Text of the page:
(Show/Hide Browsing Column ->)
Genius (1514.04.25): Emeroma has a frank talk with Oranaan.
~ 1199 words, Created by: Nicole Robertson (Editor), mikka (Editor), Ellen Million (Writer), Elizabeth Barrette (Editor), Posted: 01/06/10
I'm not good at this, Emeroma decided. Politics and pandering were not strong points of her personality, and she desperately hated them. She tried to remember not to scowl; it was a struggle not to let her mouth pull into that shape. Her peers had made it clear that she was to gain the favor of this lad, and be careful not to scare him off. He had opportunities other than their school - physics wanted to snatch him up for their program, and mathematics had been drooling over him since third form.
"Oranaan," she started with deliberate gentleness, but he interrupted her before she could continue.
"I know what you're going to say," he said flippantly. He sprawled in the chair across her desk from her.
Emeroma let herself scowl then. "Do you?" she challenged.
"You think I should buckle down, work harder. I need to pay more attention. I'm a genius going to waste. If I'd only apply myself! I've heard the speech."
He looked bored.
"Fine," Emeroma said with ice. "You've heard it before. You'll probably hear it again. At least until you get yourself stripped of your rank and rejected from the school. It will be a hoot until your political sponsors turn on you."
Oranaan didn't sit up in his chair, but he did seem stiffer. "They wouldn't..."
"You think your sponsors have your best interests in mind?" Emeroma gave a chilly, toothy smile. She dropped a stack of papers on the desk in front of him. "They can strip you of this rank and blacken your name in science for a half a century. This is your paper on the collusion of magnetic and time fields, and it will sink you."
Don't mention the data, she'd been warned by the other faculty. He's too important to lose - a genius!- and the implications were too ugly. They wanted her to sweet talk him, to use motherly charms to persuade him to maintain at least a face of respectability until they could rush him through graduation and set him loose on real research. Perhaps they assumed she had motherly charms, simply because she was a woman.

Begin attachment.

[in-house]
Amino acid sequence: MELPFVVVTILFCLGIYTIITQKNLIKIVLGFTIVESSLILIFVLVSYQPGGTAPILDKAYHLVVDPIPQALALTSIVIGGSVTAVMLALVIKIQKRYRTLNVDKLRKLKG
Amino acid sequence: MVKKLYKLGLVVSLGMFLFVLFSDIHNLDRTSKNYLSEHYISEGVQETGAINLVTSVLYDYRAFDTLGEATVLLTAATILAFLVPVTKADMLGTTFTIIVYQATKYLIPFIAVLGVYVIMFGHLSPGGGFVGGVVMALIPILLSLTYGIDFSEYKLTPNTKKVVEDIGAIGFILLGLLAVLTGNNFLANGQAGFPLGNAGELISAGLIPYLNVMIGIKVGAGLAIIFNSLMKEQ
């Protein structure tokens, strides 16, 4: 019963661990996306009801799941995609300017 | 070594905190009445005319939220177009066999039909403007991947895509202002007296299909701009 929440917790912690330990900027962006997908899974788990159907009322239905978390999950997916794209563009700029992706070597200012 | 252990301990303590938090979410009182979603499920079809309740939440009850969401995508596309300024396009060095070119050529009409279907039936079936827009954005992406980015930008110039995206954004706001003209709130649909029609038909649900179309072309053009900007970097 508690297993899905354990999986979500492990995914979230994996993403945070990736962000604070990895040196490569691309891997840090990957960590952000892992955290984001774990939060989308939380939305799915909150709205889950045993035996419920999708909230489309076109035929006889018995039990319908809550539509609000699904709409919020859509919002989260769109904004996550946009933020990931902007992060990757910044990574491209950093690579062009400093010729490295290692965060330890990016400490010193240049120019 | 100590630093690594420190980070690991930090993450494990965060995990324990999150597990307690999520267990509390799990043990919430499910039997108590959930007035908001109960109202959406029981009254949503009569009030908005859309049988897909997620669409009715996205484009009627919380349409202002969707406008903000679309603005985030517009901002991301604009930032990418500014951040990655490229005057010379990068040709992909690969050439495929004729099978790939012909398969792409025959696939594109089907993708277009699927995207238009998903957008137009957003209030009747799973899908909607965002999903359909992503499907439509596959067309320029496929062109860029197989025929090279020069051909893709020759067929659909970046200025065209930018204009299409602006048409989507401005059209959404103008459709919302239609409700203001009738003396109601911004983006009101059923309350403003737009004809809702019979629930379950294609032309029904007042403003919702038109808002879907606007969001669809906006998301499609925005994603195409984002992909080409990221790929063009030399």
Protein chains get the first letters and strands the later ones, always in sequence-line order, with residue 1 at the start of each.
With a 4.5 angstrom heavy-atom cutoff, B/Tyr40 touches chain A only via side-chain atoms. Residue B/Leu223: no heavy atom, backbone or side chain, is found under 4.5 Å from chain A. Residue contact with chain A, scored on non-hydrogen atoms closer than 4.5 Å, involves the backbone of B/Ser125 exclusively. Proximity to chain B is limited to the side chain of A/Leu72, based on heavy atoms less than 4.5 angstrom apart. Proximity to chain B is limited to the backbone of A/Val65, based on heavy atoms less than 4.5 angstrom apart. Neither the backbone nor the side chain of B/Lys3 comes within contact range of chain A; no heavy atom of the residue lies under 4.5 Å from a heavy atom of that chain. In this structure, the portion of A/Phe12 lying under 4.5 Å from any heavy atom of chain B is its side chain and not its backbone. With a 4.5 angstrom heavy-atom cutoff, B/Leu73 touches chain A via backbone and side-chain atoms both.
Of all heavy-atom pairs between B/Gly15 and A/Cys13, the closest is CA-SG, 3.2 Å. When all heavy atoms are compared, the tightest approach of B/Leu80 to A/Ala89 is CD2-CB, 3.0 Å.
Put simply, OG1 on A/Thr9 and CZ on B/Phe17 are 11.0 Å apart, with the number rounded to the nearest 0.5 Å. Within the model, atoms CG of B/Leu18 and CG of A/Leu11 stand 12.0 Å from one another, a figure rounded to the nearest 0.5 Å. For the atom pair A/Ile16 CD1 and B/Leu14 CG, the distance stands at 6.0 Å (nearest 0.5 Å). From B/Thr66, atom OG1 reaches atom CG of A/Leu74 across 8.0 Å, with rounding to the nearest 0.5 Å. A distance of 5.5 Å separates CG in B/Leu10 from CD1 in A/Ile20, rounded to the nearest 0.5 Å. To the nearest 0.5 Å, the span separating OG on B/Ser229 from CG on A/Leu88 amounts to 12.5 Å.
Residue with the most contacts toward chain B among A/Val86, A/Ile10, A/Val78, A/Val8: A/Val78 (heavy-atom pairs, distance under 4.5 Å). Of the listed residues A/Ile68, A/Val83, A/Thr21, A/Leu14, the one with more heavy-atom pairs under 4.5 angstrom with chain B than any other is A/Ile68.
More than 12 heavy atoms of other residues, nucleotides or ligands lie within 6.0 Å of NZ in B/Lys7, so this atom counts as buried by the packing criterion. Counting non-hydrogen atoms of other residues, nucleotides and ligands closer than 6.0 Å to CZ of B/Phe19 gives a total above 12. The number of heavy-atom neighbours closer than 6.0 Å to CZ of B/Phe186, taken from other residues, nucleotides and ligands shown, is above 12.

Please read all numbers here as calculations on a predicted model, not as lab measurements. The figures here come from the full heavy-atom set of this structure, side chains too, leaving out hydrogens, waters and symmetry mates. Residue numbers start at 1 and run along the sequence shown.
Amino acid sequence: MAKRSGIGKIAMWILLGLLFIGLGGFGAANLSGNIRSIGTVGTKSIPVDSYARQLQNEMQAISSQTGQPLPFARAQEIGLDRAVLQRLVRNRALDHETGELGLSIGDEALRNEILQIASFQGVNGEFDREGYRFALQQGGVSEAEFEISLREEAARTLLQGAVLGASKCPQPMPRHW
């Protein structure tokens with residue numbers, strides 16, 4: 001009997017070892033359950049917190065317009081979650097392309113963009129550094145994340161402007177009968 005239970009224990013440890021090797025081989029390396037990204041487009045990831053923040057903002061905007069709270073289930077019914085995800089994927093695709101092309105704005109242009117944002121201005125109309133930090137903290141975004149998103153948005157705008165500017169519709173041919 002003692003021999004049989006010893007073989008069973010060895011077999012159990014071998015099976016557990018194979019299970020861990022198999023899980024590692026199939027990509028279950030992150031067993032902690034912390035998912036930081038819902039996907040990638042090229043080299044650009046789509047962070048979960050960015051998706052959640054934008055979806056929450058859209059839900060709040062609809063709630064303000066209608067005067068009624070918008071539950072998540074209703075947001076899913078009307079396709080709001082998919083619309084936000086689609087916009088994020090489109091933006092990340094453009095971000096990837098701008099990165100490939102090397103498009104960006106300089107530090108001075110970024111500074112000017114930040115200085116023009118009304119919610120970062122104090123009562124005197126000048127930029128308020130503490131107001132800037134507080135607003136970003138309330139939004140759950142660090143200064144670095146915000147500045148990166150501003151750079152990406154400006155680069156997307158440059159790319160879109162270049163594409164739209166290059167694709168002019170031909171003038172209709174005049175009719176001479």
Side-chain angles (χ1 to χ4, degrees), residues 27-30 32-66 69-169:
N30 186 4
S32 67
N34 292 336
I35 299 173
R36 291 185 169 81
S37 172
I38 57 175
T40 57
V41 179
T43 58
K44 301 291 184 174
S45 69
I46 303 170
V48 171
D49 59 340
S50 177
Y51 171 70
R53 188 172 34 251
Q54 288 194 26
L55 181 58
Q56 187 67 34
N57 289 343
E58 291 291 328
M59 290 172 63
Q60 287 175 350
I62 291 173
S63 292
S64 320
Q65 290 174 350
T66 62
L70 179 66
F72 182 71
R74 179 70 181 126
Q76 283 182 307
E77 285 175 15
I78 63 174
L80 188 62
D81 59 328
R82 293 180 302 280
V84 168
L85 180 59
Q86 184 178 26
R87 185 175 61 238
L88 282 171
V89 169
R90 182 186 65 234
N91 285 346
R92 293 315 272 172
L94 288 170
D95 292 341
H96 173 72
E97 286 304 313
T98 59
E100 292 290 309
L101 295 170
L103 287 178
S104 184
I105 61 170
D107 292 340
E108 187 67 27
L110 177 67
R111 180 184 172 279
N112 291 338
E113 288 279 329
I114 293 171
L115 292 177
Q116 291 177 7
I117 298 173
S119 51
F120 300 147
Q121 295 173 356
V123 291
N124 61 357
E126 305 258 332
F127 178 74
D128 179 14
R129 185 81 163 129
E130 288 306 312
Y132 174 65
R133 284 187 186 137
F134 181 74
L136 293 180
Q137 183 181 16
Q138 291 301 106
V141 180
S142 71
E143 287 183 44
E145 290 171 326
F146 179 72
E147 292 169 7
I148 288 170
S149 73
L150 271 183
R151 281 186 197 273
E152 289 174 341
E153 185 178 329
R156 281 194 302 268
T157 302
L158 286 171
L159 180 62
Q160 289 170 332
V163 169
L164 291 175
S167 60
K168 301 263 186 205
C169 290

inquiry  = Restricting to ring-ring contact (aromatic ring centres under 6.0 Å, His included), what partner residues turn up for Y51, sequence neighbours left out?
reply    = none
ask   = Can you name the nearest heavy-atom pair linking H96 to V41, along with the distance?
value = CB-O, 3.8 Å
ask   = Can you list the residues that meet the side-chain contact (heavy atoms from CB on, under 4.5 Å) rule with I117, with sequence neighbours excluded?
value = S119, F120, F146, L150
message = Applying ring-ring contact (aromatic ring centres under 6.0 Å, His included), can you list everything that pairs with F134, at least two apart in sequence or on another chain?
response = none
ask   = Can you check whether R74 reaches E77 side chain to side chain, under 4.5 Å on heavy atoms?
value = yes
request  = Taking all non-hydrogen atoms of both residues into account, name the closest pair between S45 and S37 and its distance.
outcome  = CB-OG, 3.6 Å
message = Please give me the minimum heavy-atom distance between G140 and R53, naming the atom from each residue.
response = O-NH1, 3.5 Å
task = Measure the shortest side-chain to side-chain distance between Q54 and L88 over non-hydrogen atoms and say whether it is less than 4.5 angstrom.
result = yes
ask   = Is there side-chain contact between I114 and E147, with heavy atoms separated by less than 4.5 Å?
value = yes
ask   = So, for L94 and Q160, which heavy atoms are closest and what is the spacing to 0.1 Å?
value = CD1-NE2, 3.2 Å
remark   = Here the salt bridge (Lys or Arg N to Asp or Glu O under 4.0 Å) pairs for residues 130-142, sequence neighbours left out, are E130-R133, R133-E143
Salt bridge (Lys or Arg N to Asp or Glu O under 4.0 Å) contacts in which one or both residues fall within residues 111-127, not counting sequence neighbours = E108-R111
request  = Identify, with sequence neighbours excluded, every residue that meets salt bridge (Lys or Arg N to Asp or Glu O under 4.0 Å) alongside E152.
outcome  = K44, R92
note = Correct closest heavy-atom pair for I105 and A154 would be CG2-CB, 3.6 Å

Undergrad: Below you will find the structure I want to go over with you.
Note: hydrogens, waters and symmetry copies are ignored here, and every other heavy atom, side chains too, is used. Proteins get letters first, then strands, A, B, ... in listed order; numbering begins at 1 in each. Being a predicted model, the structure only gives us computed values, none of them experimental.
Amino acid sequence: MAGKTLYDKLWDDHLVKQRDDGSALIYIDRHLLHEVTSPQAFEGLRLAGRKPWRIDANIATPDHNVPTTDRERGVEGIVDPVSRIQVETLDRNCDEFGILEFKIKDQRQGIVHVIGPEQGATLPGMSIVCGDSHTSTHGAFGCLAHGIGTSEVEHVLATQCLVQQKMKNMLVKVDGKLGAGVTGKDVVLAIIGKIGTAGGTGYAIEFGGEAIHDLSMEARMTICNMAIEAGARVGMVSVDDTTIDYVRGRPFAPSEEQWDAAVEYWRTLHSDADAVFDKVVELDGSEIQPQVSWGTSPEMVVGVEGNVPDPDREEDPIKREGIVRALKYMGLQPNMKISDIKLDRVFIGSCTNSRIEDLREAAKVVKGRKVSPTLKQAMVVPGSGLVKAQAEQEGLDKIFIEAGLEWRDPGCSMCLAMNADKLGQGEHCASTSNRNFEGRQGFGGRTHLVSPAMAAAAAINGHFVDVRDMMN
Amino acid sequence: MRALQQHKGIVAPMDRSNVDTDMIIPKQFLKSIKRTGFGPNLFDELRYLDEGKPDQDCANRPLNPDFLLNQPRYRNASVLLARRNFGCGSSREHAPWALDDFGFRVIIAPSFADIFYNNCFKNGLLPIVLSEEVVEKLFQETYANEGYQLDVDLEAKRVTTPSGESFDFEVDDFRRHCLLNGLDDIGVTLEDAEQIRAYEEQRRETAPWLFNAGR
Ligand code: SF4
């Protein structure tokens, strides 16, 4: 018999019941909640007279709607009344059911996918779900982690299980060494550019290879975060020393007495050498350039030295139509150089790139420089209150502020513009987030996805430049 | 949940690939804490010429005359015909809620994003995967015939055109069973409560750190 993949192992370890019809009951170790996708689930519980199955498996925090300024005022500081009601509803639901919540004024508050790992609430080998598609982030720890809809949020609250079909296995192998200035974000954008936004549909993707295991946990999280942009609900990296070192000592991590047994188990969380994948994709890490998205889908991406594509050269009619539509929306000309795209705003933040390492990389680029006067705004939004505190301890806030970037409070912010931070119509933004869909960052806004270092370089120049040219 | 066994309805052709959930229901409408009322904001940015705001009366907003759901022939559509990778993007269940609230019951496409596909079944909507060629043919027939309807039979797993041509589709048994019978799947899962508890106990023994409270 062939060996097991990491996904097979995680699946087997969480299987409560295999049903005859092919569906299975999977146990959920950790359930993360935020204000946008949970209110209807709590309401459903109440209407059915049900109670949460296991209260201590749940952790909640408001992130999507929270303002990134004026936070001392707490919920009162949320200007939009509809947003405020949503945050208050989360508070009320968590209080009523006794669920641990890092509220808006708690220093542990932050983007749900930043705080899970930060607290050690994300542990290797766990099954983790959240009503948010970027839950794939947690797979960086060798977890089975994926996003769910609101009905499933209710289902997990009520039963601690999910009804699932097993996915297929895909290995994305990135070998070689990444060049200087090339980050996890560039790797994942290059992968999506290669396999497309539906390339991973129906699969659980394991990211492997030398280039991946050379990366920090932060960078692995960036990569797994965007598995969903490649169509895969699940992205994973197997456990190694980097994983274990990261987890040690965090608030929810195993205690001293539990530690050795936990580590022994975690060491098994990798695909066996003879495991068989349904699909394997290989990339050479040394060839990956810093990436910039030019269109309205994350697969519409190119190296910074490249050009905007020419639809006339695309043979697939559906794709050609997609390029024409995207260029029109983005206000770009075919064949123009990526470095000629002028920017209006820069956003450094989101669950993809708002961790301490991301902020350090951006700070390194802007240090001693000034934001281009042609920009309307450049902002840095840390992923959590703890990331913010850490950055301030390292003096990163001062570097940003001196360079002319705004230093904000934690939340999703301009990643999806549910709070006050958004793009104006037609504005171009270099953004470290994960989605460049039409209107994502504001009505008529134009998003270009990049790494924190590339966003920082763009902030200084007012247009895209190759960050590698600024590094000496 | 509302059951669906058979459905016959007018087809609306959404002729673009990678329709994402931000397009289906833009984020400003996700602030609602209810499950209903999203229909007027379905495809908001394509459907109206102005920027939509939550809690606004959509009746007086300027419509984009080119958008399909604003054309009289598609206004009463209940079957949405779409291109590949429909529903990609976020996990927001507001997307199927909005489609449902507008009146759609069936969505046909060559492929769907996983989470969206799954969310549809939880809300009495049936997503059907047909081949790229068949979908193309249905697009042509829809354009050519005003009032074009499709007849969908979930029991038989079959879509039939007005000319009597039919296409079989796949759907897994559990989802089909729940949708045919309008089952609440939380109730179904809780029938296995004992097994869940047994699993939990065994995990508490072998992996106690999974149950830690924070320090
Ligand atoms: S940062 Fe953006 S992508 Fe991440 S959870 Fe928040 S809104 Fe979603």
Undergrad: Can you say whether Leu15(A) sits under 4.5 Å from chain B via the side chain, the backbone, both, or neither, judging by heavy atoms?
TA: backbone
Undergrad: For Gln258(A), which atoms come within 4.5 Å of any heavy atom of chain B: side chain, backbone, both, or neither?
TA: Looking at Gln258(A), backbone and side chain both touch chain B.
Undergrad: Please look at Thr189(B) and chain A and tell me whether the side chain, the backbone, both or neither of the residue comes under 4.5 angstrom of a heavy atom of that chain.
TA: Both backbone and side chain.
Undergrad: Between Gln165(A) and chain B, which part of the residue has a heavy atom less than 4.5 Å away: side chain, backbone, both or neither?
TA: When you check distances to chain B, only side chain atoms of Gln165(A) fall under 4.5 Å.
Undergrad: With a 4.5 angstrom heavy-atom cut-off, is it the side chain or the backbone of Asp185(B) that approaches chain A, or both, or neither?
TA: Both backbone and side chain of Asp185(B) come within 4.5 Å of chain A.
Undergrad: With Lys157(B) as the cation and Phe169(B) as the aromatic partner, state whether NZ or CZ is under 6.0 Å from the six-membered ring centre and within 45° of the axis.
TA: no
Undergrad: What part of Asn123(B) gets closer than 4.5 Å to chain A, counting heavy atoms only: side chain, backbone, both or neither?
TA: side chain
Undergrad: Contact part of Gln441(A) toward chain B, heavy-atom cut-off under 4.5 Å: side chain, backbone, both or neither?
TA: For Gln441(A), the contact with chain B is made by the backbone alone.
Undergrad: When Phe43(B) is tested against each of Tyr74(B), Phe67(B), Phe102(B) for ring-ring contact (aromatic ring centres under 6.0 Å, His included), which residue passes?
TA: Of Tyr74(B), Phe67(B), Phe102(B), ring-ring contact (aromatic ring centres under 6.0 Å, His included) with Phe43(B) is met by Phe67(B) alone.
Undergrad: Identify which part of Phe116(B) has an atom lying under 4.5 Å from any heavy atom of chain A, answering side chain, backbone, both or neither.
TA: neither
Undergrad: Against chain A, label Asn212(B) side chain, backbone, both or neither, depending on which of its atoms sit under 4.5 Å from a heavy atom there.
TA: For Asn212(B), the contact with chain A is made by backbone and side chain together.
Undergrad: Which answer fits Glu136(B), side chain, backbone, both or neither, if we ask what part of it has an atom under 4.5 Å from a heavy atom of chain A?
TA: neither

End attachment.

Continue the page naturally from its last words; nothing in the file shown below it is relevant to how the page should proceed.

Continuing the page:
Oranaan scooted a tad more upright in his chair, but his confident look didn't waver. "That paper was the best one in the class. The media said it was ground-breaking."
Emeroma nodded. "It was brilliantly written. The theory is sound. You're a genius."
The Scientist was wary, rightly so.
"You're also lazy, self-centered, and you falsified data in the charts of section three."
She could have kicked herself - she'd reminded herself dozens of times not to make this insulting. Oranaan brought out the vinegar in her.
He was bolt upright in his chair now, knuckles tense on the arms. "That data is good," he insisted shrilly. Emeroma was reminded all over again how young he was. Everyone was constantly remarking on the fact, as if it excused his behavior.
"Oh, the data is good," the Science Leader agreed. "But you graphed it incorrectly. You dropped a digit in six places, and the results are skewed by 15%."
Oranaan flipped immediately to the appendix, mouthing numbers as he did the math in his head. After a moment of muttering, he laughed out loud.
"You're right," he agreed with no apparent chagrin. "Figure that!"
Anger at his casual disregard sizzled up Emeroma's spine. "Think, Oranaan! Figure it out, if you're such a genius!"